The Parsha describes Moshe Rabbeinu’s actions in defending the Jews from the oppression of the Egyptians. He sees an Egyptian man beating a Jewish man and kills him: "And it was in those days that Moshe grew up and he went out to his brethren, and saw their suffering. He saw an Egyptian man strike a Hebrew from amongst his brethren. He turned this way and that way and he saw that there was no man, so he killed the Egyptian and hid him in the sand.” The simple understanding of this incident is, that after seeing the Egyptian’s actions Moshe looked around to see if there were any onlookers, and when he saw that there were none, he killed the Egyptian. Rashi explains that Moshe was looking at something much deeper; “He saw that no future man would descend from him [the Egyptian] in the future, who would convert.” Rashi further adds that Moshe did not kill the Egyptian in an orthodox fashion, rather he used the shem hamefurash (holy name) to kill him.
Two questions arise from Rashi’s explanations; Firstly, why did Moshe choose to kill the Egyptian with the shem hamefurash? Secondly, the commentaries write that Moshe made a legal ruling on what the Egyptian was doing, and he ruled that the Egyptian was punishable by death. They point out that when punishing sinners, the Beis Din (Jewish law court) does not take into account any consequences of the punishment, such as how it would affect other people, including whether the sinner would have any righteous descendants . Accordingly, why did Moshe need to assess the future descendants of this man?!
The Maharil Diskin answers that the sin the Egyptian was committing was one that was only punishable by death bidei Shamayim (in the hands of Heaven), but not bidei adam (in the hands of man) . Therefore, Moshe could not punish him by physically killing him, rather he needed to utilize a method that would require Heavenly assistance; accordingly he killed him using the shem hamefurash. There is a fundamental difference between how punishments that are bidei Shamayim are determined and how those that are bidei adam are enforced. As we said above, when Beis Din punish someone they do not take into account all the possible ramifications of the punishment, such as how it will affect the sinner’s family, friends and his future descendants. However, when HaShem sends the punishment He takes into account all the myriad effects of the retribution. Included amongst these considerations is how this punishment will affect the future descendants. For example, if one is punishable by death bidei Shamayim but righteous descendants are destined to come from him, then HaShem may alter the punishment so as not to prevent their coming into existence. Since Moshe was using this form of punishment he had to take into consideration such factors as the future offspring of the Egyptian.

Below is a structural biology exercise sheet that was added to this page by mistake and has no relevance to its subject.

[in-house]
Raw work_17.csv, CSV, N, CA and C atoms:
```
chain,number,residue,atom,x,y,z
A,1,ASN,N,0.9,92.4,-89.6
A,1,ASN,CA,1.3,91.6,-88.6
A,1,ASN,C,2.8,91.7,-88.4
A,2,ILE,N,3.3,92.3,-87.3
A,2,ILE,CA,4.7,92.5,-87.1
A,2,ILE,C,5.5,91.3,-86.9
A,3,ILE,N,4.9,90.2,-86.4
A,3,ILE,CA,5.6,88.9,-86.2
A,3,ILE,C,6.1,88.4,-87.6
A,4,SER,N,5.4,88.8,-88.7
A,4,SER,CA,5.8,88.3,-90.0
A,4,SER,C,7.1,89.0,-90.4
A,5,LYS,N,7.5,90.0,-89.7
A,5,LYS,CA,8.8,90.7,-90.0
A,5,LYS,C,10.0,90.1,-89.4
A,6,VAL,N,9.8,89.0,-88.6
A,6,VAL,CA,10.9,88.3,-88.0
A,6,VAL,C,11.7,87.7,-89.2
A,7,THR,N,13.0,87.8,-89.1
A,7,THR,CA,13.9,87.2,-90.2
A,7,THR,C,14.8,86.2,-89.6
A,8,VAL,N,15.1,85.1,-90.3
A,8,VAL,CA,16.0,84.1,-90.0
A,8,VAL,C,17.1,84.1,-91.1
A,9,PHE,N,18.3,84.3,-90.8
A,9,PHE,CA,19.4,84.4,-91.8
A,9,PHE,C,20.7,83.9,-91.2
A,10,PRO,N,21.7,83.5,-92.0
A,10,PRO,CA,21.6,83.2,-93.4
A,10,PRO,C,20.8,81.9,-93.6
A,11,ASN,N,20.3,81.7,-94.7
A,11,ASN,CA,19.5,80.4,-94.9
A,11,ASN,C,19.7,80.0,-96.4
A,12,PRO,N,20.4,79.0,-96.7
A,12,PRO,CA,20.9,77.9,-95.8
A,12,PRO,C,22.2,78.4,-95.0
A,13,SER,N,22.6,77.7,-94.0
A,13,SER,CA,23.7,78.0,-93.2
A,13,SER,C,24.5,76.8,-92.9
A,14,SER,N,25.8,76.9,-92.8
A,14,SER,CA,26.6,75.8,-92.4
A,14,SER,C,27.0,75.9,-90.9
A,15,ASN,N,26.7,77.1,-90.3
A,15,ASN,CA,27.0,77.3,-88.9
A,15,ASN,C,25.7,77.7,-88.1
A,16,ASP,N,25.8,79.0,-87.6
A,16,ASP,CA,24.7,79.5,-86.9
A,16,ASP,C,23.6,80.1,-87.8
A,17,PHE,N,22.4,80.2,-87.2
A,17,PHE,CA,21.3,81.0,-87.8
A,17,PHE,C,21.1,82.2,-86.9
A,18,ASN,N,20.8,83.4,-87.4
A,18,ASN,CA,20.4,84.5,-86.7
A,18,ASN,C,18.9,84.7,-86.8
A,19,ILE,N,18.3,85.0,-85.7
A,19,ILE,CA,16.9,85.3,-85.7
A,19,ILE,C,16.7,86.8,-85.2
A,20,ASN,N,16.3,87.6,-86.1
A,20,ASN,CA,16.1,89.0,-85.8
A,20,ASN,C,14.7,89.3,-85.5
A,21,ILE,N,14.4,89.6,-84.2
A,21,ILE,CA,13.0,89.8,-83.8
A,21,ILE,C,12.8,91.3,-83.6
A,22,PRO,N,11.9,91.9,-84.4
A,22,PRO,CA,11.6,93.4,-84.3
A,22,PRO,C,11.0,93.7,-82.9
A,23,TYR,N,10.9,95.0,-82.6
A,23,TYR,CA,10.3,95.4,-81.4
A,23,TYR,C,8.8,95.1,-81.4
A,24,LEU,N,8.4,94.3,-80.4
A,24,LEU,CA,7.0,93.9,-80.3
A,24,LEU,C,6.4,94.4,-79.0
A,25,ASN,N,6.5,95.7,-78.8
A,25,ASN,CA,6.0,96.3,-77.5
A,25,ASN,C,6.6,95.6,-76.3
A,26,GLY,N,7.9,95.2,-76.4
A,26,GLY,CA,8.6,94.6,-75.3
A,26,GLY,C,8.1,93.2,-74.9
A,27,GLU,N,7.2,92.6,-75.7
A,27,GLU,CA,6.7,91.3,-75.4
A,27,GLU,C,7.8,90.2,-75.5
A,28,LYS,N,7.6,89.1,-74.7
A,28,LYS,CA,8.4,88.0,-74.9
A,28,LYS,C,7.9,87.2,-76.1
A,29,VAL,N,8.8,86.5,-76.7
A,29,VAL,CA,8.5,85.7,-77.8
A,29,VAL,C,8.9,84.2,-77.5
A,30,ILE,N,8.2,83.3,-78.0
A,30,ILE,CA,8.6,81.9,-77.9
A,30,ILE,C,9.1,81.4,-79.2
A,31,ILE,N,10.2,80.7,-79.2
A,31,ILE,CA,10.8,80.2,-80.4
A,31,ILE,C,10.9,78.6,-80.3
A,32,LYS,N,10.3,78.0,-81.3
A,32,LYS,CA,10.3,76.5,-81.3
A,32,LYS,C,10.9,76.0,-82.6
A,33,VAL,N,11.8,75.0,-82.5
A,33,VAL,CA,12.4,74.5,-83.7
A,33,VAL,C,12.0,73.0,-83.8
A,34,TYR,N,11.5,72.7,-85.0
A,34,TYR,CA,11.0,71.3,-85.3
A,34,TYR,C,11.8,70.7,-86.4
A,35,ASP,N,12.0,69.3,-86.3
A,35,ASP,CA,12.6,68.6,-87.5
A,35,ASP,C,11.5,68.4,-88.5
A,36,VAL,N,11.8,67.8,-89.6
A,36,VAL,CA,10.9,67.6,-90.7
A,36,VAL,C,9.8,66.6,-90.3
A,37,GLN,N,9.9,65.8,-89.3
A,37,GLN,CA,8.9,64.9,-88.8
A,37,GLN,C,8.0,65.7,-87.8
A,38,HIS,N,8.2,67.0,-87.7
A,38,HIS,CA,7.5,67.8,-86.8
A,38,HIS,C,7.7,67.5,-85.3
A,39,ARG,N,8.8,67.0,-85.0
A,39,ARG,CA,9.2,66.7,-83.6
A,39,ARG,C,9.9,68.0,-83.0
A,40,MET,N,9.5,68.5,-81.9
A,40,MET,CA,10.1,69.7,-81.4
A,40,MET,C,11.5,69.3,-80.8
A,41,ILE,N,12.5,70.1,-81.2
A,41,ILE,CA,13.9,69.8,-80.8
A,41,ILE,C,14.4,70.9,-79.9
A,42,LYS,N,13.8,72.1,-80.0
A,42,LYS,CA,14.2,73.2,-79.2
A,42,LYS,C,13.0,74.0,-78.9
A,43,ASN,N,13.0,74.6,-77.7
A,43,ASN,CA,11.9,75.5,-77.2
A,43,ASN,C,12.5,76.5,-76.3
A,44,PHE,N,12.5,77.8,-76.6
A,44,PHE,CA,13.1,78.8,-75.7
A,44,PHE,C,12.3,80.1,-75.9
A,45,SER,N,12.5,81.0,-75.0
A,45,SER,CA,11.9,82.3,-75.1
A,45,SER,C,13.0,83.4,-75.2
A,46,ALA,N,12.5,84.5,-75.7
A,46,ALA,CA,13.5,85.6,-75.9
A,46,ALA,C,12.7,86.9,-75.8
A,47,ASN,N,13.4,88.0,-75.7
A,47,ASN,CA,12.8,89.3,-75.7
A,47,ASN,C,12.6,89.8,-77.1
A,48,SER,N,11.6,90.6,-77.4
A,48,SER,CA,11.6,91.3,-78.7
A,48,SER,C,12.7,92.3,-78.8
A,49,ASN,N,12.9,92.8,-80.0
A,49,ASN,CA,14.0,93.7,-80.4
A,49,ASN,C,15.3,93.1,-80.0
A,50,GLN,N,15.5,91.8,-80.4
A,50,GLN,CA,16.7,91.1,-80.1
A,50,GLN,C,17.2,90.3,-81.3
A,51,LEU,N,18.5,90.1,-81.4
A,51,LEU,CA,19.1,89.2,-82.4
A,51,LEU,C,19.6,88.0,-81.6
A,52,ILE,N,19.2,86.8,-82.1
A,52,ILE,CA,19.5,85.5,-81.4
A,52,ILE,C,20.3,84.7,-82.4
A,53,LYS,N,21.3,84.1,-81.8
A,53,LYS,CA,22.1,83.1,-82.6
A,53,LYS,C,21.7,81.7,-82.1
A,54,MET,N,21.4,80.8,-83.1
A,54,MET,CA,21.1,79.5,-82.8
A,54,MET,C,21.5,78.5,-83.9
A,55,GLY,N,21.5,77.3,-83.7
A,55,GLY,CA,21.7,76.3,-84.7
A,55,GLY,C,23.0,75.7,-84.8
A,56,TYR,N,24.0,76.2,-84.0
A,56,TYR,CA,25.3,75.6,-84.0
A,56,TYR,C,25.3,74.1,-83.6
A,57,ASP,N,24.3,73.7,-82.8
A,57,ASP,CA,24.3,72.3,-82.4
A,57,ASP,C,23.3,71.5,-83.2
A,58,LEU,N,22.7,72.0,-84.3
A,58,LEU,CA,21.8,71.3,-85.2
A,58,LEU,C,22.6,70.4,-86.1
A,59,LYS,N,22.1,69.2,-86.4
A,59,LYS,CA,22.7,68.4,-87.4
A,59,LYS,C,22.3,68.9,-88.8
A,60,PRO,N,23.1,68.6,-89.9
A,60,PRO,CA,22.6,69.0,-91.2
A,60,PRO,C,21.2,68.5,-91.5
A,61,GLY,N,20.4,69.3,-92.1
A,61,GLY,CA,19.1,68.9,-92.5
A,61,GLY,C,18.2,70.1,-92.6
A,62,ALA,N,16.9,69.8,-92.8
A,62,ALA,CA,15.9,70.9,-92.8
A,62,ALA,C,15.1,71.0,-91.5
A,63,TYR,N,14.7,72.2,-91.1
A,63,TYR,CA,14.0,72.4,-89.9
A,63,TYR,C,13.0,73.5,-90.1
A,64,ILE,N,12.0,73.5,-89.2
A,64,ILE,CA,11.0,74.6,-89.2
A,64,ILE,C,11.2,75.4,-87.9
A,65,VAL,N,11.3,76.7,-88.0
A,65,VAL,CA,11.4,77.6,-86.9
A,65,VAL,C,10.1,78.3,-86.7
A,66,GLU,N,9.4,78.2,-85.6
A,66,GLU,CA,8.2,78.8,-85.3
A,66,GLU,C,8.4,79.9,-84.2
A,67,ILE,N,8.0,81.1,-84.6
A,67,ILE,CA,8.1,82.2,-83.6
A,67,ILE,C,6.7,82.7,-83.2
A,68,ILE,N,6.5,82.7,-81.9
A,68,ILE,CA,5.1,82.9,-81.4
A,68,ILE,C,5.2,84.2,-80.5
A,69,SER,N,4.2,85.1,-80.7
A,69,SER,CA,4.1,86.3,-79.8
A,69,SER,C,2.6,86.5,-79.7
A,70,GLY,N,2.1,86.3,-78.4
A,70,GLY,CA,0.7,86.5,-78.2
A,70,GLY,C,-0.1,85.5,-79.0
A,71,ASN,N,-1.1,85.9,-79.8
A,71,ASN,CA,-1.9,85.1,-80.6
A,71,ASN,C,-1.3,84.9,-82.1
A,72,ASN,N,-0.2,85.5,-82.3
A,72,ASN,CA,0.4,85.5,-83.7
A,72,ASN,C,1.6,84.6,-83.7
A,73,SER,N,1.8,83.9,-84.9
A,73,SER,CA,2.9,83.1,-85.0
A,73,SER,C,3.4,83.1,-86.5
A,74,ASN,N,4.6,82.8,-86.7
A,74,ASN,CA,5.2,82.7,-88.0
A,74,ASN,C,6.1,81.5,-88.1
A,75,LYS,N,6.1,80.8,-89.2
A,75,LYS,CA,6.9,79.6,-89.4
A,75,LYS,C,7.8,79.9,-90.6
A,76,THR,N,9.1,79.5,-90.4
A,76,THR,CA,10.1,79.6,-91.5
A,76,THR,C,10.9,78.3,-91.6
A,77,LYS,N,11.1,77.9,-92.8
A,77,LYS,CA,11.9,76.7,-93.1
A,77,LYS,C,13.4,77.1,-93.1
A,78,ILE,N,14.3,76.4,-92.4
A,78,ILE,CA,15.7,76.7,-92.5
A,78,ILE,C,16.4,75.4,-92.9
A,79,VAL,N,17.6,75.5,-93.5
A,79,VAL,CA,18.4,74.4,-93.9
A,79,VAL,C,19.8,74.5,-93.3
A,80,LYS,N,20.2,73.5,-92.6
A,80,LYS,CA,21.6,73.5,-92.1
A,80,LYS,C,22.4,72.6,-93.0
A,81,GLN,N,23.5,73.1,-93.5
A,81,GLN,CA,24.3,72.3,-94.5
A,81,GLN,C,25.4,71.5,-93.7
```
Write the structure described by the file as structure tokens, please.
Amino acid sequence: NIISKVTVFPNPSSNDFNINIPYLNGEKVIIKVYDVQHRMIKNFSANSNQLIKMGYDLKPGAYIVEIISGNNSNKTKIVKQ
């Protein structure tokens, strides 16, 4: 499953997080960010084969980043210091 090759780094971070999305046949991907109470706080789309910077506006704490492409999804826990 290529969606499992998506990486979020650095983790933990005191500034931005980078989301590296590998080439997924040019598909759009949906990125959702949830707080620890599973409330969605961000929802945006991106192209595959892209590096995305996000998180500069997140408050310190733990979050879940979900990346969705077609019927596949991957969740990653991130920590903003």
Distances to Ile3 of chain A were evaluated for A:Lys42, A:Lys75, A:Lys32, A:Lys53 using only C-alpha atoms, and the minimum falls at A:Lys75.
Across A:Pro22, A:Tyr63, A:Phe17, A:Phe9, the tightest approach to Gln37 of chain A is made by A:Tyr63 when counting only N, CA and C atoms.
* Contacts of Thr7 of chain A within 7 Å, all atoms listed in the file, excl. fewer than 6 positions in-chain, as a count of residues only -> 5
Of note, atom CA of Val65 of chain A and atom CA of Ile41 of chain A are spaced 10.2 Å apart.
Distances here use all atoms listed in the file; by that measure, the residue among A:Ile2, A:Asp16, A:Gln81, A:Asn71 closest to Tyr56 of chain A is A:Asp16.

This explanation brings to light the difference between Heavenly retribution and human punishment. Rav Chaim Shmuelevitz zt”l discusses this concept at length. He quotes the verse in Tehillim: “The judgments of HaShem are true, they are correct together.” What does it mean that they are correct together? He explains that when human courts mete out punishments they only take into the account the sinner, but ignore his family and friends. This is unavoidable, since a human judge cannot begin to be able to take such factors into account. However, HaShem, in His Infinite wisdom knows exactly how the punishment will affect everyone involved, and passes judgment accordingly. Thus, His judgments are;”correct together” in that they take into account all the people together who stand to be effected by the punishment. In this vein, Rav Shmuelevitz discusses a number of examples in Tanach and in Chazal, where one’s wife is punished because of the sin of the husband. This does not seem fair, but he explains that the one who suffers is certainly being punished for a previous transgression. However, up to this point, HaShem spared her because her husband did not deserve to endure the pain of losing her. Yet, once he sins and is not worthy of this special treatment, then she is no longer protected from her transgression.
We have seen from the Maharil Diskin’s explanation of Moshe’s punishment of the Egyptian, and Rav Shmuelevitz’ discussion of HaShem’s justice, that it is perfectly measured for all the people connected to the person being punished. One key lesson that can be learned from this principle is that tragedies or challenges are not only for the sake of the person most directly involved: Many people understand that when some form of challenges happen to them, that HaShem is somehow communicating with them and they react by trying to improve their deeds. However, the same attitude should be applied when suffering does not inflict the person himself, but his family or friends, or members of his community. The closer the person is to the one in pain, the more powerful the communication from HaShem. Therefore, it is essential that the person try to view his family member or friend’s suffering as HaShem communicating with him. In this vein, Rav Yissachar Frand shlita, says that when tragedies afflict a community, it is insufficient to merely recite a chapter of Tehillim but otherwise continue our life as if nothing changed. Rather, we should undergo serious contemplation of why this event took place, and how HaShem wants us to grow from it. It is often impossible to exactly know what HaShem is telling us, however, the main point is that we see this as HaShem directly communicating to us and we try to change our ways in some form.